In the bustling city of Sapporo, Anna (Sara Takatsuki) sits alone and silently sketches the other, happy girls. Presumably they don’t have asthma, their parents are alive and, unlike her foster parents, they don’t keep them just for the tax benefit. After she has an attack that asthma cannot fully explain, her foster mother, Yoriko (Nanako Matsushima), sends her to stay with relatives in the country. Anna believes she is a burden for Yoriko to bear, so she is glad to oblige.
We don’t need her opening narration to spell this out, but it does anyway. It emphasises, I suppose, that Anna’s misery is somewhat self-inflicted. She would not be the first teenager to let the voices in her head simmer, unfounded, with low self-esteem and persecution. After all, we can see she is a talented artist, and that Yoriko cares for her as if she were her own.
It is not until Anna arrives at the country town of Kushiro that these emotions spill out in superbly animated sequences; the grass sways violently in the wind, the rain falls in apocalyptic curves and the moon shines a lonely light on the marsh. Across those waters is a beguiling, dilapidated mansion compelling Anna to sketch and explore. She eventually discovers that, when the tide is in, the house is mysteriously restored to its former glory – when a young girl named Marnie (Kasumi Arimura) lived there.
Is Marnie a ghost? A delusion? Anna doesn’t seem to care, and it is thrilling to solve this mystery before she does. Whatever Marnie is, wherever she came from, she becomes Anna’s first and only confidant. Apart from their unusual blue eyes (for Japan), they share a loneliness that comes to those with too little and too much. Marnie is the only child of beautiful and wealthy parents, but they neglect her, so she is left to the mercy of her oppressive grandmother and the jealous maids. Despite her supernatural presence, she is very human.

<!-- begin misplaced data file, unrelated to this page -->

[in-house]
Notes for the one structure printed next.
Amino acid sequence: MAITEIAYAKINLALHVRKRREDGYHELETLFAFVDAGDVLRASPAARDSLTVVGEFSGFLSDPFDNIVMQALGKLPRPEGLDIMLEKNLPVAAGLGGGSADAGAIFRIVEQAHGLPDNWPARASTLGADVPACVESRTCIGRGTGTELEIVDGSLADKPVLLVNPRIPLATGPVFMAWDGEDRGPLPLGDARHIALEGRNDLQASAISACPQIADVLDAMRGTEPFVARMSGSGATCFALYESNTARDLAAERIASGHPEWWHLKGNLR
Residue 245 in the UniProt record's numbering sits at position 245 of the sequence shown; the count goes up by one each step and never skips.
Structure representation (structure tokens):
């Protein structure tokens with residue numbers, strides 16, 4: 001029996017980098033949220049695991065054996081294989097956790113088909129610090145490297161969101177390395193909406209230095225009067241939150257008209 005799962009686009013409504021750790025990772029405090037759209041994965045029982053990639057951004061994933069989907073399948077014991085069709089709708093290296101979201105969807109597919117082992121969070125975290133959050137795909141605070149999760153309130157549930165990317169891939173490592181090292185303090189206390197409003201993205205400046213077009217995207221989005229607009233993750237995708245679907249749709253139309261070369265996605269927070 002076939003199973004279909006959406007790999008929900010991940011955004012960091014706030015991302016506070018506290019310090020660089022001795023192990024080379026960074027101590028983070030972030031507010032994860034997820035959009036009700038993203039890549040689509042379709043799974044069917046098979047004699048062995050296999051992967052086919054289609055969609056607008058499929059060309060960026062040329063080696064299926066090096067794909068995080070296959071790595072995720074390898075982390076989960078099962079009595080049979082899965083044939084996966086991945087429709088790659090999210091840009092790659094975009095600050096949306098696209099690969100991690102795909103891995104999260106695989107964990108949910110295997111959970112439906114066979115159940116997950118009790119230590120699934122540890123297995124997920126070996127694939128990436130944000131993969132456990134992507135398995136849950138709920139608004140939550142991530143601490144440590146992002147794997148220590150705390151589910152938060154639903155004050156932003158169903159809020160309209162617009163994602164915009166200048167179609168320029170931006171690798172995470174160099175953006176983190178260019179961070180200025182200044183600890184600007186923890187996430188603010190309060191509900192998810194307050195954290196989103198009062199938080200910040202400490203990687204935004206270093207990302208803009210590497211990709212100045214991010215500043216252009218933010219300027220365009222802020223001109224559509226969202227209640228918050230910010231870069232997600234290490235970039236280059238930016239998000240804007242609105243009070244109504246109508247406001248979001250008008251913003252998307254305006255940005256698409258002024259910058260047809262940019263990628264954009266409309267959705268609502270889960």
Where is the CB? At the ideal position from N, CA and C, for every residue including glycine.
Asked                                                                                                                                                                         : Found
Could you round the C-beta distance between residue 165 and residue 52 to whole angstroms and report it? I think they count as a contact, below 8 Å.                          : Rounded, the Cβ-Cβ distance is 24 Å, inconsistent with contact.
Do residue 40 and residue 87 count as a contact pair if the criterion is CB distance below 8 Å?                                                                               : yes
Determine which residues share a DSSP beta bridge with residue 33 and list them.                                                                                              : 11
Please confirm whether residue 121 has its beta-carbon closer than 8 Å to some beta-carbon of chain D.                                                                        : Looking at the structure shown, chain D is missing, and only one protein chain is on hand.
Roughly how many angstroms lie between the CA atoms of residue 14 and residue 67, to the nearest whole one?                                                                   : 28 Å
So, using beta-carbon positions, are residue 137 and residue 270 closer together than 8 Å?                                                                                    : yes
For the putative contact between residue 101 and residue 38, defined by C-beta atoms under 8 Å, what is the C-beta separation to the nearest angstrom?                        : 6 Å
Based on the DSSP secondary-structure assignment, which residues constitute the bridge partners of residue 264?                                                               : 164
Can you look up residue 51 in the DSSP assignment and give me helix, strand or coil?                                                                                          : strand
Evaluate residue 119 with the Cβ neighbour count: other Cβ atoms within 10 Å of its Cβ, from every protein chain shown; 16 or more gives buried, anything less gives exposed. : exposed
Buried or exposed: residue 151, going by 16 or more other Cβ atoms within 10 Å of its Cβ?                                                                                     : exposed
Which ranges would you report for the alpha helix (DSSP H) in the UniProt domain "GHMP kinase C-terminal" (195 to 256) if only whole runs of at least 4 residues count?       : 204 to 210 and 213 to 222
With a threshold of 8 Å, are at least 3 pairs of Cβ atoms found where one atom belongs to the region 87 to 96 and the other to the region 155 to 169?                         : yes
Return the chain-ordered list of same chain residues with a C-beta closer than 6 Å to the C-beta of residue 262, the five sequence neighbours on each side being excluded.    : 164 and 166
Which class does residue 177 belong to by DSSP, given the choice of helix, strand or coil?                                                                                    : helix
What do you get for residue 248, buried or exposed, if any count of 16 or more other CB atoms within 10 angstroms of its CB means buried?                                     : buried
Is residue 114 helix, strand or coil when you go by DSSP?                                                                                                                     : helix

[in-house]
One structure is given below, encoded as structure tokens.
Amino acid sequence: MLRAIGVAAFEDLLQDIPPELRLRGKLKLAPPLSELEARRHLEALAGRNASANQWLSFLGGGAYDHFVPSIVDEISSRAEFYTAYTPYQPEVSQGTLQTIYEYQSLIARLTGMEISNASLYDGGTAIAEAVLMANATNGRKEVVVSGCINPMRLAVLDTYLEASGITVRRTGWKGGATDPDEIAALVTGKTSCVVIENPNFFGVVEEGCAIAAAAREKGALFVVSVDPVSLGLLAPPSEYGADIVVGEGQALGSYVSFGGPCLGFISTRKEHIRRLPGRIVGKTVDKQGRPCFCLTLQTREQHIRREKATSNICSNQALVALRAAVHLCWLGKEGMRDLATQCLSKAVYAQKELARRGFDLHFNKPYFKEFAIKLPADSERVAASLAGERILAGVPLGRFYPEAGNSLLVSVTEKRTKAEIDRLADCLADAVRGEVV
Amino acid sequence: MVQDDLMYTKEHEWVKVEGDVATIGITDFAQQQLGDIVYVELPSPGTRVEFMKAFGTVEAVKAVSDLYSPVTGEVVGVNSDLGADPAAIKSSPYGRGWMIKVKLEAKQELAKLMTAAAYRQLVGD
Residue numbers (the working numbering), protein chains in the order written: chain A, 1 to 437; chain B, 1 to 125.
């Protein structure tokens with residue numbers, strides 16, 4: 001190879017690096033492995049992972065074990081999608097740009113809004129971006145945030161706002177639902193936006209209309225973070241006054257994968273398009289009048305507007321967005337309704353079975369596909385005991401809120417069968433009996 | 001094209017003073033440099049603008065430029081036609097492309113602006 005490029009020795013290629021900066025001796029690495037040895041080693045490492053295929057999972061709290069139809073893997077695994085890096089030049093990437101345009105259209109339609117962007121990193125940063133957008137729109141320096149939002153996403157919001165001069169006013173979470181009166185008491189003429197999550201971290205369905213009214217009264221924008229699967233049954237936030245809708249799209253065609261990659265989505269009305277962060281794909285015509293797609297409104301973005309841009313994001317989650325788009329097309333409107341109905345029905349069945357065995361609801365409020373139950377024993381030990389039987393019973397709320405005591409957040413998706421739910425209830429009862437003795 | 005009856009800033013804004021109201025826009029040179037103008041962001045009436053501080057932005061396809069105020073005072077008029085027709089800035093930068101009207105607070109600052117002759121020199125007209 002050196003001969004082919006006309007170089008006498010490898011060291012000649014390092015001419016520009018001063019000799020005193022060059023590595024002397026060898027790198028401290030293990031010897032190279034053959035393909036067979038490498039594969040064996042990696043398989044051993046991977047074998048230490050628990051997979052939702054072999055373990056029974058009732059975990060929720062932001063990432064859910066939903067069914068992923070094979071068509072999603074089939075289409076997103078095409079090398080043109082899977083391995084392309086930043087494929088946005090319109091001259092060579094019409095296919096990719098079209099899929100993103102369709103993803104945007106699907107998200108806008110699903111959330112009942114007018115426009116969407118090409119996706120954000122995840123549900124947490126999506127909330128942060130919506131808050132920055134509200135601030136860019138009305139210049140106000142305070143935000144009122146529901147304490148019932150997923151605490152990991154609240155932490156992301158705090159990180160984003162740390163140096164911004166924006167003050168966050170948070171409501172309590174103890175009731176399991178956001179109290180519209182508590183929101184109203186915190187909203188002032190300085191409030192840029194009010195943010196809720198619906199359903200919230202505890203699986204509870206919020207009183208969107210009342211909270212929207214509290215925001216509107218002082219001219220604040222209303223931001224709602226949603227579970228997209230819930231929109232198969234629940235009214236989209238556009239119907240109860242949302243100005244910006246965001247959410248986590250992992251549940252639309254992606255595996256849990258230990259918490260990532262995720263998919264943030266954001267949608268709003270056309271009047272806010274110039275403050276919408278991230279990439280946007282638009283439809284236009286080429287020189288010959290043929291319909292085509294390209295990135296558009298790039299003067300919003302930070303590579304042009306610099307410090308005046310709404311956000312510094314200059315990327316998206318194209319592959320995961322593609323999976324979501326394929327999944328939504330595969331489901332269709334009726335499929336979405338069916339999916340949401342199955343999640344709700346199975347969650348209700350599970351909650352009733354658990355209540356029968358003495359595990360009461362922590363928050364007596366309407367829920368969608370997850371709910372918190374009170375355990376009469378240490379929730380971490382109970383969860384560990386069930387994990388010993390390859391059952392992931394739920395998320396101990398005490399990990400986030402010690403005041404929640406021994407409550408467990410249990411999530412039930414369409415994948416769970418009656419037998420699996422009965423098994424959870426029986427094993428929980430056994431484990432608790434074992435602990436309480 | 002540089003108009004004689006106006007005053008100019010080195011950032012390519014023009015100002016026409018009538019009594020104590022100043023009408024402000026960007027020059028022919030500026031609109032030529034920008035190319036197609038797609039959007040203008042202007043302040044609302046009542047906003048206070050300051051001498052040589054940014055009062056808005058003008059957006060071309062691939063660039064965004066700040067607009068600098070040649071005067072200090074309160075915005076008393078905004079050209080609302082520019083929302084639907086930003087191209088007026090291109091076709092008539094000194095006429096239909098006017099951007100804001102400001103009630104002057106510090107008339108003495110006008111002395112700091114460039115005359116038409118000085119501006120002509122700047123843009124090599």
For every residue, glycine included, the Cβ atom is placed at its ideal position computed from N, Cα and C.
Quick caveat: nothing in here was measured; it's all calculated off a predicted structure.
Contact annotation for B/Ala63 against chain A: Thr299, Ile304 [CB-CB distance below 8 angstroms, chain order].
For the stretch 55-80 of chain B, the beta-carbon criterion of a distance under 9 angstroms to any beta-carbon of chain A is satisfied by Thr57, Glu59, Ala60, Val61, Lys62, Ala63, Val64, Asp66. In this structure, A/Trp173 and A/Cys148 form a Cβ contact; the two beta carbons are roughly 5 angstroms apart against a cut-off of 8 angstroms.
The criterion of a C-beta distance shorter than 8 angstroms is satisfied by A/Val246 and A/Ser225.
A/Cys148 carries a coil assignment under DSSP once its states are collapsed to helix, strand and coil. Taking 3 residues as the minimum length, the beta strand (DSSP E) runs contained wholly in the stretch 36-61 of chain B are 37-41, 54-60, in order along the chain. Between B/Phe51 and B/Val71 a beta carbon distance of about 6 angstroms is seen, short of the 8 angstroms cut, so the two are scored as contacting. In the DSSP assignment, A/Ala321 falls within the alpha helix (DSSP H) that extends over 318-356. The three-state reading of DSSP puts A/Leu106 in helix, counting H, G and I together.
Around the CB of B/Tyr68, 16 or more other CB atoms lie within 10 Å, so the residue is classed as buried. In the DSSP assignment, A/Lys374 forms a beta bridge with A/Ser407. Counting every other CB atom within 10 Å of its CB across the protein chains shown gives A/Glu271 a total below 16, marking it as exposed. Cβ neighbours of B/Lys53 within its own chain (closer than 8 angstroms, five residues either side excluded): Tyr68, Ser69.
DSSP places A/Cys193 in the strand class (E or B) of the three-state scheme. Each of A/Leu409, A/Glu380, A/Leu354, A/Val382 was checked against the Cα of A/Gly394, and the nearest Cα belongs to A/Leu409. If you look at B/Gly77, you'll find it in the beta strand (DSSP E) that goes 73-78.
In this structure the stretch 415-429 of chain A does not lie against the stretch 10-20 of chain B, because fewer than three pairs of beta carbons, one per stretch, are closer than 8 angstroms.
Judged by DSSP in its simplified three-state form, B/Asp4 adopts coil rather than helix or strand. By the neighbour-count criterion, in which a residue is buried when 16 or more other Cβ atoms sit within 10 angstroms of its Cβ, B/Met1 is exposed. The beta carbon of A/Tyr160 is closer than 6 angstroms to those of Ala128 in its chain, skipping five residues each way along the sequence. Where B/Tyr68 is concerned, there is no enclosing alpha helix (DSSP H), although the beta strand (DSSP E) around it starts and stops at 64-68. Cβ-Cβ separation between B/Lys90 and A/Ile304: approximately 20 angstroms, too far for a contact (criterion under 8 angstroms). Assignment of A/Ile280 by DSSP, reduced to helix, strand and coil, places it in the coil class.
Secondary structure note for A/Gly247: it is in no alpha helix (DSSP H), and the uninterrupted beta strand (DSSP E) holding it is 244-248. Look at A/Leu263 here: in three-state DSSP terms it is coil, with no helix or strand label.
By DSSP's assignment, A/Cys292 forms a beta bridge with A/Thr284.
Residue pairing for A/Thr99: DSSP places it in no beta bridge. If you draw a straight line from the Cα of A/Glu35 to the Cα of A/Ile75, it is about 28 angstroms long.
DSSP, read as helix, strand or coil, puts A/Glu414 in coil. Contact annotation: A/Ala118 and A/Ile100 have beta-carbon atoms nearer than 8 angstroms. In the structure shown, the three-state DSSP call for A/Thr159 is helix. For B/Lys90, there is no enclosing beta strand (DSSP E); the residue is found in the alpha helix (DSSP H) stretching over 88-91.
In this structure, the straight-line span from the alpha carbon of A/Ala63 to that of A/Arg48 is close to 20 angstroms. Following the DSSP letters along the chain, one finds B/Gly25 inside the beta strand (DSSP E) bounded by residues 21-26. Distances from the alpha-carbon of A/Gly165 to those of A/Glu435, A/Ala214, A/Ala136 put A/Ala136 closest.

So too are a trove of other characters who quiver with life – a trademark of Studio Ghibli’s remarkable output. I saw the Japanese version with subtitles, though past experiences suggest that the English version, featuring the voices of Hailee Steinfeld and Kiernan Shipka, will be just as moving.
Studio founder, Hayao Miyazaki, has publicly included the Joan G. Robinson book among his favourites. He was not involved in this adaptation, having retired his venerable brush after The Wind Rises (2013, also wonderful). It is Hiromasa Yonebayashi who has skillfully directed the last Studio Ghibli film for the foreseeable future. How long will it be before we wander into another magical, frightening, exquisitely hand-drawn adventure? For now, the tide is out.
Review Score: FOUR STARS (OUT OF FIVE)
Running Time: 103 minutes
When Marnie Was There will screen nationally in Australian cinemas from 14 May 2015 through Madman Films